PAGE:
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Biology Articles » Developmental Biology » Animal Development » Function of Vitamin A in Vertebrate Embryonic Development

Abstract
- Function of Vitamin A in Vertebrate Embryonic Development

Function of Vitamin A in Vertebrate Embryonic Development

Maija H. Zile

Department of Food Science and Human Nutrition, Michigan State University, East Lansing, MI 48824

Advances in molecular biology and retinoic acid receptor research have significantly contributed to the understanding of the role of vitamin A during vertebrate development. Examination of the function of this vitamin during very early developmental stages using the completely vitamin A–depleted avian embryo has revealed that the vitamin A requirement begins at the time of formation of the primitive heart, circulation and specification of hindbrain. The lack of vitamin A at this critical time results in gross abnormalities and early embryonic death. In rodent models, vitamin A deficiency can be targeted to later gestational windows and documents the need for vitamin A for more advanced stages of development. Major target tissues of vitamin A deficiency include the heart, central nervous system and structures derived from it, the circulatory, urogenital and respiratory systems, and the development of skull, skeleton and limbs. These abnormalities are also evident in mice mutants from retinoid receptor knockouts; they have revealed both morphological and molecular aspects of vitamin A function during development. Retinoic acid receptors (RAR) in partnership with retinoid X receptor (RXR){alpha} appear to be the important retinoid receptor transcription factors regulating vitamin A function at the gene level during development via the physiologic ligand all-trans-retinoic acid. Homeostasis of retinoic acid is maintained by developmentally regulated vitamin A metabolism enzyme systems. Inadequate vitamin A nutrition during early pregnancy may account for some pediatric congenital abnormalities.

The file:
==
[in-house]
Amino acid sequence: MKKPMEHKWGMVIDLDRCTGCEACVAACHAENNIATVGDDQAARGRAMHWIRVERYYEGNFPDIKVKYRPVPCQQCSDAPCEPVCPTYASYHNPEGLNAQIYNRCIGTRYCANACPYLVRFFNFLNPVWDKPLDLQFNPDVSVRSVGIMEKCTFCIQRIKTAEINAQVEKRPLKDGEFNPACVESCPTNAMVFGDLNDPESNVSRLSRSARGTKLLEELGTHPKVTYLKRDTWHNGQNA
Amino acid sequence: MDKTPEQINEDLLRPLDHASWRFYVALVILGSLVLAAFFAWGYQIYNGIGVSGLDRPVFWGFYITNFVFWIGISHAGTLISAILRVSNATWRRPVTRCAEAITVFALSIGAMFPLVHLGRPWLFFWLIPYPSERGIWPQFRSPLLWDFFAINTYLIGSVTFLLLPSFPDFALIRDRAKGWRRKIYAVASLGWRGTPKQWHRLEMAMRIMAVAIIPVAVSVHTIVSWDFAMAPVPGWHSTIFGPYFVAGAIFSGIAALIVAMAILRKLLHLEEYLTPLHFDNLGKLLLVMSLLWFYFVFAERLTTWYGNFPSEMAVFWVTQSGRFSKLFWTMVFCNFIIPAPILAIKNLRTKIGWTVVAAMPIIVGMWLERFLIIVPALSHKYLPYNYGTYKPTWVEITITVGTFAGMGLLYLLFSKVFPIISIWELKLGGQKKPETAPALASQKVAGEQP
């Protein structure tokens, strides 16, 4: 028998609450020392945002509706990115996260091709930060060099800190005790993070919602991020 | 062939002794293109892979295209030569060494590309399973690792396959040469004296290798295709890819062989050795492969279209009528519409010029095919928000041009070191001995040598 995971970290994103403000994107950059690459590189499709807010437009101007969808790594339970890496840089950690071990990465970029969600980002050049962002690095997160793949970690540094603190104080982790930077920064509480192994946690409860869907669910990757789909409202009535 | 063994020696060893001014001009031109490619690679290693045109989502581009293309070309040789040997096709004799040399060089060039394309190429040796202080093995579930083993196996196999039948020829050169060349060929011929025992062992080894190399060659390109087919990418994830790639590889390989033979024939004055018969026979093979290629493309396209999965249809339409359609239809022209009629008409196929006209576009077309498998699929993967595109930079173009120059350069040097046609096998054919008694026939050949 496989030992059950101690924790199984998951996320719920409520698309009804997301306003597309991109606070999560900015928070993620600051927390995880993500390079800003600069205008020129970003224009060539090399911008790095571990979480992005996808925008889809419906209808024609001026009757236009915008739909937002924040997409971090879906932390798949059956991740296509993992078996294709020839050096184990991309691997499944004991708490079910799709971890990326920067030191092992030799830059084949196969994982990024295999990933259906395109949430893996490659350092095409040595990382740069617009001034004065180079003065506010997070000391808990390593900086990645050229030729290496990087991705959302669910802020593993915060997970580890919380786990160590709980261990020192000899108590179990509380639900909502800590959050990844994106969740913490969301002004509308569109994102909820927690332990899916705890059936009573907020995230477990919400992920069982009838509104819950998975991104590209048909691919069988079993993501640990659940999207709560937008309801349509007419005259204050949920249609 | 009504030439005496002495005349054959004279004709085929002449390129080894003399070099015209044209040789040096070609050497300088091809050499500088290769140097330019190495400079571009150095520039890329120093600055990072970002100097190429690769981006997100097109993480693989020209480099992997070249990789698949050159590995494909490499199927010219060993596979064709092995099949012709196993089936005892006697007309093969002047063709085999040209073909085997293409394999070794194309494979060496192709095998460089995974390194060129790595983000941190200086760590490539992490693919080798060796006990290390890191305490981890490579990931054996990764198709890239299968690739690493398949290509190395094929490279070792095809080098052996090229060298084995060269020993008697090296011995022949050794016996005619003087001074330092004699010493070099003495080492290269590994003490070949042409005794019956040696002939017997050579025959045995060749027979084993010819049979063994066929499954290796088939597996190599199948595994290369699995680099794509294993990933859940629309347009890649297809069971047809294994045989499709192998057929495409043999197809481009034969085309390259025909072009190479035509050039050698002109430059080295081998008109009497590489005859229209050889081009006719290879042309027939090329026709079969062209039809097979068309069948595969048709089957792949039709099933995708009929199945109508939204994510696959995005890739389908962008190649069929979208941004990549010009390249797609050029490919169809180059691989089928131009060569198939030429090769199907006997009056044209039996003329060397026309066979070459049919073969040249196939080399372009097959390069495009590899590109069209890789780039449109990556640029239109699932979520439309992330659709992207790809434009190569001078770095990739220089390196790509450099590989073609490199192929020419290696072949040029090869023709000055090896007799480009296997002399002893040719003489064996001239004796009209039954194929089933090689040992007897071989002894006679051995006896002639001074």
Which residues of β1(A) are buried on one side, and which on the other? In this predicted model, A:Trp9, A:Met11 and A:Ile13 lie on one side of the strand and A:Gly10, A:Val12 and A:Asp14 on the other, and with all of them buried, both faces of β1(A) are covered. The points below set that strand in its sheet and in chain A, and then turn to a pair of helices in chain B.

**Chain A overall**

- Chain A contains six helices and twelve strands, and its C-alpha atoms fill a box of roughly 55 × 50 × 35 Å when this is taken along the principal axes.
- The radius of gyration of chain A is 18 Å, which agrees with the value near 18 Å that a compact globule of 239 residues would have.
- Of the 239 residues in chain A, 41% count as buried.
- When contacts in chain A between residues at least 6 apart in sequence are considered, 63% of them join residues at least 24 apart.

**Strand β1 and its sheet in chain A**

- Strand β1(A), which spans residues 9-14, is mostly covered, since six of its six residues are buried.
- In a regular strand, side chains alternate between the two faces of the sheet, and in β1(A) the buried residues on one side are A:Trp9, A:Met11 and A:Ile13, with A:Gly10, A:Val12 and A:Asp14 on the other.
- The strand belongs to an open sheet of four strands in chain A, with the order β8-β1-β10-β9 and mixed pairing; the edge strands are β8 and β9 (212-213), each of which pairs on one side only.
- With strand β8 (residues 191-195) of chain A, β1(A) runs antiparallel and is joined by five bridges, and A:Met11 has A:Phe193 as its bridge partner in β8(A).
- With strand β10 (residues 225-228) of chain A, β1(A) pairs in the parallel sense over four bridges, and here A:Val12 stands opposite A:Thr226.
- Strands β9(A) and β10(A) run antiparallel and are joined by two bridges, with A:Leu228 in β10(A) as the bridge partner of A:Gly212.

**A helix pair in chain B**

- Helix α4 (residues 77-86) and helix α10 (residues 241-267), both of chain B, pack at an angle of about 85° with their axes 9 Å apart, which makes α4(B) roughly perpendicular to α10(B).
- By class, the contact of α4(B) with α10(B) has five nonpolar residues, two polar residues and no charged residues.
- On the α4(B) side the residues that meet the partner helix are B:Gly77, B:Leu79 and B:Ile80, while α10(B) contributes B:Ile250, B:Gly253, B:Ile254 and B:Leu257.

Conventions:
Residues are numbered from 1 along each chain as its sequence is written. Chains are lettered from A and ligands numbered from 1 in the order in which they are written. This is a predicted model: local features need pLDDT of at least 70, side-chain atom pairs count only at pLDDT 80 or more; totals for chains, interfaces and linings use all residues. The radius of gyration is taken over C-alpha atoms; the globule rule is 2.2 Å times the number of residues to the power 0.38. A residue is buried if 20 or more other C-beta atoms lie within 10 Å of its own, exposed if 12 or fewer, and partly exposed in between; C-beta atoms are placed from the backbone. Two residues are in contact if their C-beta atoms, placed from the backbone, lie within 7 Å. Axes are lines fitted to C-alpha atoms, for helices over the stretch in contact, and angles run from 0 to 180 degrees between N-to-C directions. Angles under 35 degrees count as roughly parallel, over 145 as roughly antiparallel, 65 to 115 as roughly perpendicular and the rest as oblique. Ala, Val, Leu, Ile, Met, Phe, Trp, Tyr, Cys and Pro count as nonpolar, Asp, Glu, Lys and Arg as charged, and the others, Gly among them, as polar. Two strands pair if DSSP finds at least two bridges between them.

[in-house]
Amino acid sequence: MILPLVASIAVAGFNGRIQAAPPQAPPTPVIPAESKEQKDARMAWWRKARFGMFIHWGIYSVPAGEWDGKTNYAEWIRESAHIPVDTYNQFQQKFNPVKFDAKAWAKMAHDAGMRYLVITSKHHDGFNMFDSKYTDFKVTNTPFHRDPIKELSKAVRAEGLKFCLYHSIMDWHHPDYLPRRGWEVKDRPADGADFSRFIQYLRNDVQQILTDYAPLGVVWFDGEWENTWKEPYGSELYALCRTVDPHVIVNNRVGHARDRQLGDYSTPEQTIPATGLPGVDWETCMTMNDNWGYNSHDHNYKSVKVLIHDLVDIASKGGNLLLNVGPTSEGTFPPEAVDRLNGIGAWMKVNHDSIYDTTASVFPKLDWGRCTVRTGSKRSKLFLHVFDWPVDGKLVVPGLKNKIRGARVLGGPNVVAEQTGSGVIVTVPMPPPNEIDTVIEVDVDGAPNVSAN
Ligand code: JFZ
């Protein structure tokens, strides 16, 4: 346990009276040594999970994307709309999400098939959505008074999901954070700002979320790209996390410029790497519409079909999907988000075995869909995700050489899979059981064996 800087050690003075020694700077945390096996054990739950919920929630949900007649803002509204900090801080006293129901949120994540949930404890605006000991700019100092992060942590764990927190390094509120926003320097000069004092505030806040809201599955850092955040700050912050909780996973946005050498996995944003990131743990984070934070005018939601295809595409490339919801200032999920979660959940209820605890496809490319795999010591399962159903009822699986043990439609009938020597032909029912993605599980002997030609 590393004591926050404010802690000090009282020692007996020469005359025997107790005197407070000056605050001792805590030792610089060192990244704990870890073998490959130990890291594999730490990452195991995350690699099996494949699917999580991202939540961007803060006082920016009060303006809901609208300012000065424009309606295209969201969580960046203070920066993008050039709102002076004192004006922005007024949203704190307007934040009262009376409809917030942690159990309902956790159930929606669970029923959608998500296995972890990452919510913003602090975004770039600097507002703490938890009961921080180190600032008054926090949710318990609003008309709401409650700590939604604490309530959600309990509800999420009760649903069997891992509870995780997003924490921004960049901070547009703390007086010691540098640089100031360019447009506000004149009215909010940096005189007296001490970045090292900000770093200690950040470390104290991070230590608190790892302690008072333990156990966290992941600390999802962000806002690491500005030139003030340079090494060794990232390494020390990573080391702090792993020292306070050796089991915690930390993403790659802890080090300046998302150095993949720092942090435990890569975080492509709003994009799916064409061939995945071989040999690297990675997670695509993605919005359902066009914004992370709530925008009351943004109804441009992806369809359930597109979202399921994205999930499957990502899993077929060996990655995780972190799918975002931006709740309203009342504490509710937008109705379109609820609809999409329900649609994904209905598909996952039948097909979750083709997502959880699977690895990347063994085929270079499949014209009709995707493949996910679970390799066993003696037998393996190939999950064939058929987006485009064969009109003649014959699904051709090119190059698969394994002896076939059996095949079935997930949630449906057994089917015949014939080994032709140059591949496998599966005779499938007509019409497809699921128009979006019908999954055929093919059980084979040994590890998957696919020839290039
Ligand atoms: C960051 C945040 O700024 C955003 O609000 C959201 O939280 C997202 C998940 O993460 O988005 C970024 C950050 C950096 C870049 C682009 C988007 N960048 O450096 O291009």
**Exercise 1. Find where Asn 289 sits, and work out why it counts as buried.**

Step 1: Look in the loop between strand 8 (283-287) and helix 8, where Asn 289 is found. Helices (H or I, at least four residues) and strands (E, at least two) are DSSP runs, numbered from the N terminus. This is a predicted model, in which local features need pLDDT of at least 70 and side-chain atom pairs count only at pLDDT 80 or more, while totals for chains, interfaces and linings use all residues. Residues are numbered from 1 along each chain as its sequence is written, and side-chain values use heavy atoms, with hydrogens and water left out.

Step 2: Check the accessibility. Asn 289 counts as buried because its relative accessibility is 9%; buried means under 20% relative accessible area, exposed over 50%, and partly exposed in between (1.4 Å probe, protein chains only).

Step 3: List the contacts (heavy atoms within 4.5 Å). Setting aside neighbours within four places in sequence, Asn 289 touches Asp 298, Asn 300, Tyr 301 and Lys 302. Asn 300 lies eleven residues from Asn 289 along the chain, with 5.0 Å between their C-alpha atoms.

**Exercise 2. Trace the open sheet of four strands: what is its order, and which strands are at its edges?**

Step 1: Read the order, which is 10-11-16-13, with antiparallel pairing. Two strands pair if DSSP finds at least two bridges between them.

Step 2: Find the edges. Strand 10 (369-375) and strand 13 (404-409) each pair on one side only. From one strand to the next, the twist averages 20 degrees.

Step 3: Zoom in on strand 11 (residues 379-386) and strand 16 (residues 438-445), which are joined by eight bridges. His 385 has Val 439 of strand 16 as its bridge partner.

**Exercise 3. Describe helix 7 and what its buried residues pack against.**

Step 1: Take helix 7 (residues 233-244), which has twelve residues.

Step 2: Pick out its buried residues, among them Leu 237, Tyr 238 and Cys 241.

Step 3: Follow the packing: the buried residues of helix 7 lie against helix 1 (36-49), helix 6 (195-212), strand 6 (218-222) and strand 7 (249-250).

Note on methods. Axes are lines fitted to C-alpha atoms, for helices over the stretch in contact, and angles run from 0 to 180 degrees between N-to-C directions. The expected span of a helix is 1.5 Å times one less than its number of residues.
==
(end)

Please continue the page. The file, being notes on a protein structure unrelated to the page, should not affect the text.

KEY WORDS: • vitamin A • avian development • retinoic acid


Source: Journal of Nutrition. 2001;131:705-708. © 2001 The American Society for Nutritional Sciences

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